BOSTON — Federal agencies warned that cybercriminals are unleashing a wave of data-scrambling extortion attempts against the U.S. health care system designed to lock up hospital information systems, which could hurt patient care just as nationwide cases of COVID-19 are spiking.
In a joint alert Wednesday, the FBI and two federal agencies warned that they had “credible information of an increased and imminent cybercrime threat to U.S. hospitals and healthcare providers.” The alert said malicious groups are targeting the sector with attacks that produce “data theft and disruption of healthcare services.”
The cyberattacks involve ransomware, which scrambles data into gibberish that can only be unlocked with software keys provided once targets pay up. Independent security experts say it has already hobbled at least five U.S. hospitals this week, and could potentially impact hundreds more.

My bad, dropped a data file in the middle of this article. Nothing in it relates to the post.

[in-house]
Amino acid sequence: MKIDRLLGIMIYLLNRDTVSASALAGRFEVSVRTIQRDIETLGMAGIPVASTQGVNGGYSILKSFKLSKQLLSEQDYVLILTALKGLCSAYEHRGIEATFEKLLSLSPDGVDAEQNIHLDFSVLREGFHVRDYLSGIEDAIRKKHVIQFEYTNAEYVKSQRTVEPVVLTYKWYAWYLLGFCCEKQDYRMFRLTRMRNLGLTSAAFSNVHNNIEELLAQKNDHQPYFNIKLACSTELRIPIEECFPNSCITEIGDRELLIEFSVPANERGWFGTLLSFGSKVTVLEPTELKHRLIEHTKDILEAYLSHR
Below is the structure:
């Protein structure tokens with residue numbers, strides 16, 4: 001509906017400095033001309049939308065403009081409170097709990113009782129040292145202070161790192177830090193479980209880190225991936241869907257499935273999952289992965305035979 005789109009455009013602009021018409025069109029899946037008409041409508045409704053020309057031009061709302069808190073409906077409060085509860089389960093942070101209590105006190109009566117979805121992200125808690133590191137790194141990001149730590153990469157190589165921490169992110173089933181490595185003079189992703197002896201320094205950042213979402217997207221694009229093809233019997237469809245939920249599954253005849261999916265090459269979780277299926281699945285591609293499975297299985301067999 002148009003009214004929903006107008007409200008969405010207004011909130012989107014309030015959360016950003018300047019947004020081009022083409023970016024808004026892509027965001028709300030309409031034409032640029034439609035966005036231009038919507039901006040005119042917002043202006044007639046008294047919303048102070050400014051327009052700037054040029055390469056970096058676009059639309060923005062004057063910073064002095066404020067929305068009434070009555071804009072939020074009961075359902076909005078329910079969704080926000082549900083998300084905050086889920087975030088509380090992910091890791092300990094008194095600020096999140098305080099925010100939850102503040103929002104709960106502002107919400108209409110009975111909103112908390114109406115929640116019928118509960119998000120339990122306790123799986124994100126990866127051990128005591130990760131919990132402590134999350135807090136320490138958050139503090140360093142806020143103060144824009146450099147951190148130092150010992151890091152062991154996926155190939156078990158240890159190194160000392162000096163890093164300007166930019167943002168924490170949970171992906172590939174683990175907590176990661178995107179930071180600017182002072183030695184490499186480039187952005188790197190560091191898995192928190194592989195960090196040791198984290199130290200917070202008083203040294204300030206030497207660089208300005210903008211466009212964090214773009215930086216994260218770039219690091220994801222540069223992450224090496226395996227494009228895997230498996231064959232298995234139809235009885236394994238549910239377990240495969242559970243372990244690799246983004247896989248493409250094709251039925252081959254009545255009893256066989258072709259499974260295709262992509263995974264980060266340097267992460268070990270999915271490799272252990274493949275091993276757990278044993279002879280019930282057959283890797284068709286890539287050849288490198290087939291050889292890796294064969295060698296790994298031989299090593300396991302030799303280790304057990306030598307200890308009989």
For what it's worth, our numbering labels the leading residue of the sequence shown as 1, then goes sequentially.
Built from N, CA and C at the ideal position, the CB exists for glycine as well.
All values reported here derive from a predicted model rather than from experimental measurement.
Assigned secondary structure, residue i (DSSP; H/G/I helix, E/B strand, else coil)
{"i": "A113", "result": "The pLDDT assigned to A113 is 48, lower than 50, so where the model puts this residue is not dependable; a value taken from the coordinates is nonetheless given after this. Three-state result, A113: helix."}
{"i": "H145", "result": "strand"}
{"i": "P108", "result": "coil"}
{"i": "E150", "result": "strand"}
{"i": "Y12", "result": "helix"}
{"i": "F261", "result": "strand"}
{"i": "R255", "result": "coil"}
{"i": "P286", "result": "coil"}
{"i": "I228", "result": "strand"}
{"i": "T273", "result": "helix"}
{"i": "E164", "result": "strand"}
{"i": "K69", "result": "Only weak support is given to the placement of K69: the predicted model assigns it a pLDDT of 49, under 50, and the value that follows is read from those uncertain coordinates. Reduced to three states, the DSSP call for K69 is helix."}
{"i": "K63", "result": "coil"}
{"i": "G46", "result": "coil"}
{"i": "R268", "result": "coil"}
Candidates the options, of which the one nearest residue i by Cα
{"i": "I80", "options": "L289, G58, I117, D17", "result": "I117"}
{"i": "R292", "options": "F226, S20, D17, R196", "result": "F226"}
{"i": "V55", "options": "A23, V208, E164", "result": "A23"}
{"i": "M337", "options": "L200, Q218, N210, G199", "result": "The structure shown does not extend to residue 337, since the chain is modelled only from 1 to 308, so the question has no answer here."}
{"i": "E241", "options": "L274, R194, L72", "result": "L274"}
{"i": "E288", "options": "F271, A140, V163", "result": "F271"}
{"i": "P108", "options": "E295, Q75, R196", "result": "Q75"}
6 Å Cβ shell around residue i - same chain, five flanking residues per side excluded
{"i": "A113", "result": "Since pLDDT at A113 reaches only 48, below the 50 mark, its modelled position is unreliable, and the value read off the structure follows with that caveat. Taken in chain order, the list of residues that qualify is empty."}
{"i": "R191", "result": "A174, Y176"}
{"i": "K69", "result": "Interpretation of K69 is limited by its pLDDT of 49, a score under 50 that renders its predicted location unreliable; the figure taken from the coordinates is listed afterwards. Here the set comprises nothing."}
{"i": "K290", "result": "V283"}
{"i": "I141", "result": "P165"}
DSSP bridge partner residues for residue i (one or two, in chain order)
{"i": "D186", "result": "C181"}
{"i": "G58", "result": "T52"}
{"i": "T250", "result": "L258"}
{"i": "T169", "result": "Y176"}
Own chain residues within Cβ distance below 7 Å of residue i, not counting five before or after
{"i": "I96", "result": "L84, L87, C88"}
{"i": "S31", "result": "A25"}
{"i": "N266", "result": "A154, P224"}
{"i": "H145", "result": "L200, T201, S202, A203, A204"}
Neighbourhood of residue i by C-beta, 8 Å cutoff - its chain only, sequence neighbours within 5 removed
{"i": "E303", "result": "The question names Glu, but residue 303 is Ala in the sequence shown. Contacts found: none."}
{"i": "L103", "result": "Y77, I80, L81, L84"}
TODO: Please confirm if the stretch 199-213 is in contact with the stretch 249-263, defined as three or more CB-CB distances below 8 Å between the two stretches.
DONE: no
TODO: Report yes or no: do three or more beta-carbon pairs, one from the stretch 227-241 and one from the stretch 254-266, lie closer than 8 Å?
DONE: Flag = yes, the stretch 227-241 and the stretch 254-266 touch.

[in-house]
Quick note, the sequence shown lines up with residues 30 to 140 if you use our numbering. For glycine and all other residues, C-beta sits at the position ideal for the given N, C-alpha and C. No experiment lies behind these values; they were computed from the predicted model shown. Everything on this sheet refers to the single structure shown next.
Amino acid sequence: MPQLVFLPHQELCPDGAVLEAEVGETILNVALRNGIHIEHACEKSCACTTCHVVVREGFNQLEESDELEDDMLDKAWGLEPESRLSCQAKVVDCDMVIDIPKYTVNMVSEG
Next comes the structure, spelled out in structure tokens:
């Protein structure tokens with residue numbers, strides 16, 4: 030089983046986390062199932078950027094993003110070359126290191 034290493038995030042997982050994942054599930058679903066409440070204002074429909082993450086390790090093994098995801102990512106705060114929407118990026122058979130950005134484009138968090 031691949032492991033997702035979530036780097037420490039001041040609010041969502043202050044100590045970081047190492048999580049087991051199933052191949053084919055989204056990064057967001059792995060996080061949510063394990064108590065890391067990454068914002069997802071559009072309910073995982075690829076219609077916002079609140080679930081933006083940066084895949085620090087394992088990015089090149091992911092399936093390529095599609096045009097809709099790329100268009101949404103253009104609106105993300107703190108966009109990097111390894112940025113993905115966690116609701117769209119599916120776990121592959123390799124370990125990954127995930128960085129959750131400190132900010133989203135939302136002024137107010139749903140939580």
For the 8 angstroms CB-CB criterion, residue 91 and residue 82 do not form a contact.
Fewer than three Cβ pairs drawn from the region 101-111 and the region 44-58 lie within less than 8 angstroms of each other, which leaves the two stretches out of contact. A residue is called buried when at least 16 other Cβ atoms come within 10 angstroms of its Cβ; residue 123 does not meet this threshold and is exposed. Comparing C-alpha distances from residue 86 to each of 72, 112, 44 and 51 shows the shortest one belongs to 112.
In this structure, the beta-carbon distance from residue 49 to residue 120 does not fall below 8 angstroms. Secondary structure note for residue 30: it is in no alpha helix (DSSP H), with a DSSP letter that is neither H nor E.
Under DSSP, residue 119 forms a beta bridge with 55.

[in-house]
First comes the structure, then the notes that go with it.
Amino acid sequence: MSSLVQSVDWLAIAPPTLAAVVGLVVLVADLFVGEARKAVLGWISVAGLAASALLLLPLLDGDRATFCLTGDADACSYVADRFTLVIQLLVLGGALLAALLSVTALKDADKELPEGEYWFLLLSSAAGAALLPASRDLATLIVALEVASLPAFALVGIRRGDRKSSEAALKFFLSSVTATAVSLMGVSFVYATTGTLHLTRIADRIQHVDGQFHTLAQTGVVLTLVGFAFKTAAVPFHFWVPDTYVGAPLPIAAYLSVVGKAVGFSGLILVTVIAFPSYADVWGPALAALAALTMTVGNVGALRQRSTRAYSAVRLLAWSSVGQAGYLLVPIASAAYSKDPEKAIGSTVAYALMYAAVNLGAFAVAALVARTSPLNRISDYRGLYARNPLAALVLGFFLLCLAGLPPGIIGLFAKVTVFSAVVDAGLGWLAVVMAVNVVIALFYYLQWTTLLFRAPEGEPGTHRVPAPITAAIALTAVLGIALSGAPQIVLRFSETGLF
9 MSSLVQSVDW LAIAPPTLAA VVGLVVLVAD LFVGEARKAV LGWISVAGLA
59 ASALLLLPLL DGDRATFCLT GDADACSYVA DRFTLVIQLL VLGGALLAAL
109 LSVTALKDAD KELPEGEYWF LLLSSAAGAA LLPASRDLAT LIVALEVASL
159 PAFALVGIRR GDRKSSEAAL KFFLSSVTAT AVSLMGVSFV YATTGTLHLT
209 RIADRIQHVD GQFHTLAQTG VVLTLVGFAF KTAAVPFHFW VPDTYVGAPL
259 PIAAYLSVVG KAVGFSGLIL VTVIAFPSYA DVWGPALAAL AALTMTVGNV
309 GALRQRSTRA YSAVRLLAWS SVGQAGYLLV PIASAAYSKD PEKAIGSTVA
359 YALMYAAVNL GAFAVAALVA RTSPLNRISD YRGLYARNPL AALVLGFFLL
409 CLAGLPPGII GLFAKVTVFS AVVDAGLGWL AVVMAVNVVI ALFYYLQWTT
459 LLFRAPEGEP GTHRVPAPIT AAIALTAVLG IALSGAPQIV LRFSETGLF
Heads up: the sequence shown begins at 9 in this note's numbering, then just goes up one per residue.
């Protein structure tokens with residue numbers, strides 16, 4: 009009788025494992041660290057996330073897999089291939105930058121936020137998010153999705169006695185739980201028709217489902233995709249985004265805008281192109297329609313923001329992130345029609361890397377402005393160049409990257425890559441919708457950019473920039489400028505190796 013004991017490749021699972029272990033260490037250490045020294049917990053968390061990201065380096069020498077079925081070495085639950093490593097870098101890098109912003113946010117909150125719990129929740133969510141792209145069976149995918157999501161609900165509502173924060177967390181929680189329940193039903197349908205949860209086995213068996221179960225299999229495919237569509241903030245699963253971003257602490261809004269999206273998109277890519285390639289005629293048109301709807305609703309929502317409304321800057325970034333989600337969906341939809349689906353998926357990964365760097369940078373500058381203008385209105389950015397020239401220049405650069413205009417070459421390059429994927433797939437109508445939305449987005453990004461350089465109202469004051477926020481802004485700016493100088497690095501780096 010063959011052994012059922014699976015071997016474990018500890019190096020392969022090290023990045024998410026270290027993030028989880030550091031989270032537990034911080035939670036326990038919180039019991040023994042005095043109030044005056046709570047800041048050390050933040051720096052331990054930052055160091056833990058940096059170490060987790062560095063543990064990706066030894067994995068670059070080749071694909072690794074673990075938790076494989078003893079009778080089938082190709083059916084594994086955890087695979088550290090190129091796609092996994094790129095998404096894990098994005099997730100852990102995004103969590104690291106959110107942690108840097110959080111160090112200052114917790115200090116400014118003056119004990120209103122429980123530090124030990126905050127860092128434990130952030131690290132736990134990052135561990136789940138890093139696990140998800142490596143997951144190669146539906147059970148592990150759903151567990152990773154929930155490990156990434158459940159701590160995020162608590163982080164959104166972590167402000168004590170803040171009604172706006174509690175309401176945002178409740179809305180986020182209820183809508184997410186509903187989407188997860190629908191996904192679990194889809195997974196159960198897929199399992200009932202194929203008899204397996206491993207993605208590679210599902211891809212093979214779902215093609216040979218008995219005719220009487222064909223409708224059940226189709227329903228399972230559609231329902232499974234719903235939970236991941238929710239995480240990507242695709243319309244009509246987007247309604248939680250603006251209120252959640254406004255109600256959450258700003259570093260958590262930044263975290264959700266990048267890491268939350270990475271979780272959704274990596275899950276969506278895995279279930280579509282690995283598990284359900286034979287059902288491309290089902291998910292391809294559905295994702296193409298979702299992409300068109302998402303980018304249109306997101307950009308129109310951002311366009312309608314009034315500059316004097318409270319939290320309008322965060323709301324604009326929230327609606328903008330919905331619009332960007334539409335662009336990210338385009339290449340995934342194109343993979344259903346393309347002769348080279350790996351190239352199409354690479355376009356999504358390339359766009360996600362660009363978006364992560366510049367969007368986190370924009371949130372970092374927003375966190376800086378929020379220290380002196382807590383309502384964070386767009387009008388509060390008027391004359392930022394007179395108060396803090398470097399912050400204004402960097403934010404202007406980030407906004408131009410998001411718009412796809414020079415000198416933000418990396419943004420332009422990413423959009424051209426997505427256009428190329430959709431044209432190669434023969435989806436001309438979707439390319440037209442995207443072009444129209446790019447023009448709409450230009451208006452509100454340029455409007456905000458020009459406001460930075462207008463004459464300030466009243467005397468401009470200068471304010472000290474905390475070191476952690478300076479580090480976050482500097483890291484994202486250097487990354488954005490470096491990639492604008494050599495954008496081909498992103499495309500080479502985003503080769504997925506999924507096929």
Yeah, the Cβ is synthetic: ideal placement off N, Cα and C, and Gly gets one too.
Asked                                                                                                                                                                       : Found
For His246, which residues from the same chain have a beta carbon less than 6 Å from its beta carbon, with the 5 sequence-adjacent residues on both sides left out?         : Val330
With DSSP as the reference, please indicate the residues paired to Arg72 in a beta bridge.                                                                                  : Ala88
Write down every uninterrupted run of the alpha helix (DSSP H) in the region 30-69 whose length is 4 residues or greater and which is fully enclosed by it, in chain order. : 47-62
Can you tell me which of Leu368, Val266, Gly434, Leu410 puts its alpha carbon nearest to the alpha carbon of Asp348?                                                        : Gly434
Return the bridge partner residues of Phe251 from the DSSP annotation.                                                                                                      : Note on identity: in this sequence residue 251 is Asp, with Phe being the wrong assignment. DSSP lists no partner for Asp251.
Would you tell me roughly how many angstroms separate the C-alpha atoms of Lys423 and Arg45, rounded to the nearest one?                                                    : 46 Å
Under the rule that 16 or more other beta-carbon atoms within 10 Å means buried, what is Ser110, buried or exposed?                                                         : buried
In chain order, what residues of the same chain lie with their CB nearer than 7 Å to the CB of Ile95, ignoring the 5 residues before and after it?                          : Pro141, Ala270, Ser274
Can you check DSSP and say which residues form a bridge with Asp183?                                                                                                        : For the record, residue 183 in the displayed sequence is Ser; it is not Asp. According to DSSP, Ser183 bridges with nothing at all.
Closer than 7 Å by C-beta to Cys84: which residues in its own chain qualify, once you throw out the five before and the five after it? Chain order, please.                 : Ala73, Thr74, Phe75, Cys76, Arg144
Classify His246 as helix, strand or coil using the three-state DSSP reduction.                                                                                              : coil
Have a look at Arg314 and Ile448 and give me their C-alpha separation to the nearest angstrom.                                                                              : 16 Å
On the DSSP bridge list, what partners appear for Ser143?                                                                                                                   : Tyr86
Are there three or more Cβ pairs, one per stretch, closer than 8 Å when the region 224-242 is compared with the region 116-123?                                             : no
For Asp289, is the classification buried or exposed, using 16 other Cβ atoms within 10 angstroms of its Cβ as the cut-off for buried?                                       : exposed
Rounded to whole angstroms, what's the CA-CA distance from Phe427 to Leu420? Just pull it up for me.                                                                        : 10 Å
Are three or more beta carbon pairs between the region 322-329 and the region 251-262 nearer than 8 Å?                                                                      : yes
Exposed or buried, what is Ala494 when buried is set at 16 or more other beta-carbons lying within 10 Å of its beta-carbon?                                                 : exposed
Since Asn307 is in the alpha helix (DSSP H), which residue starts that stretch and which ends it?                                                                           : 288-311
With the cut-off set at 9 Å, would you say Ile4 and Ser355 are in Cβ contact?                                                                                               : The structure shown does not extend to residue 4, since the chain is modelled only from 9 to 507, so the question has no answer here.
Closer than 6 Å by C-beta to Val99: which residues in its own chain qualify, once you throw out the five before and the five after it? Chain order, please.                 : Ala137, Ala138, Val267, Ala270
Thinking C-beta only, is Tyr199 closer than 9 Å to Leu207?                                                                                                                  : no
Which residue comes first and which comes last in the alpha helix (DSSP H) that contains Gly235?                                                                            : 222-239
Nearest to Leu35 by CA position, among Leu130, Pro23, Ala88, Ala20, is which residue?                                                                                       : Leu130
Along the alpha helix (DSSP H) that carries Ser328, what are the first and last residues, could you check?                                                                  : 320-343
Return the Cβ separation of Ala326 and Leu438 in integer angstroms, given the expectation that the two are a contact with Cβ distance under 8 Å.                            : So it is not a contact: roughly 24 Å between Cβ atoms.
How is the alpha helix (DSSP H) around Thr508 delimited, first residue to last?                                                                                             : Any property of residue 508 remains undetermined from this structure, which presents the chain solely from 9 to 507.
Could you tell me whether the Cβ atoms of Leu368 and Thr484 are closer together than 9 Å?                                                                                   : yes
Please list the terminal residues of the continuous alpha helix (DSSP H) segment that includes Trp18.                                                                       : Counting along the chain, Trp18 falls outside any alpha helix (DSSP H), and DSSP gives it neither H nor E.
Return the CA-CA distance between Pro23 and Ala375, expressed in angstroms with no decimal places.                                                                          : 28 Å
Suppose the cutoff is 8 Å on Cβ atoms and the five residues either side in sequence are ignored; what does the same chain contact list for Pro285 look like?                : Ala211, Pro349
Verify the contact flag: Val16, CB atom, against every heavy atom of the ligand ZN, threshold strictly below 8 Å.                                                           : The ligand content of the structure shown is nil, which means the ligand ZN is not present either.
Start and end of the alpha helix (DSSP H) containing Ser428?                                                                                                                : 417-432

The offensive by a Russian-speaking criminal gang coincides with the U.S. presidential election, although there is no immediate indication they were motivated by anything but profit. “We are experiencing the most significant cyber security threat we’ve ever seen in the United States,” Charles Carmakal, chief technical officer of the cybersecurity firm Mandiant, said in a statement.
Alex Holden, CEO of Hold Security, which has been closely tracking the ransomware in question for more than a year, agreed that the unfolding offensive is unprecedented in magnitude for the U.S. given its timing in the heat of a contentions presidential election and the worst global pandemic in a century.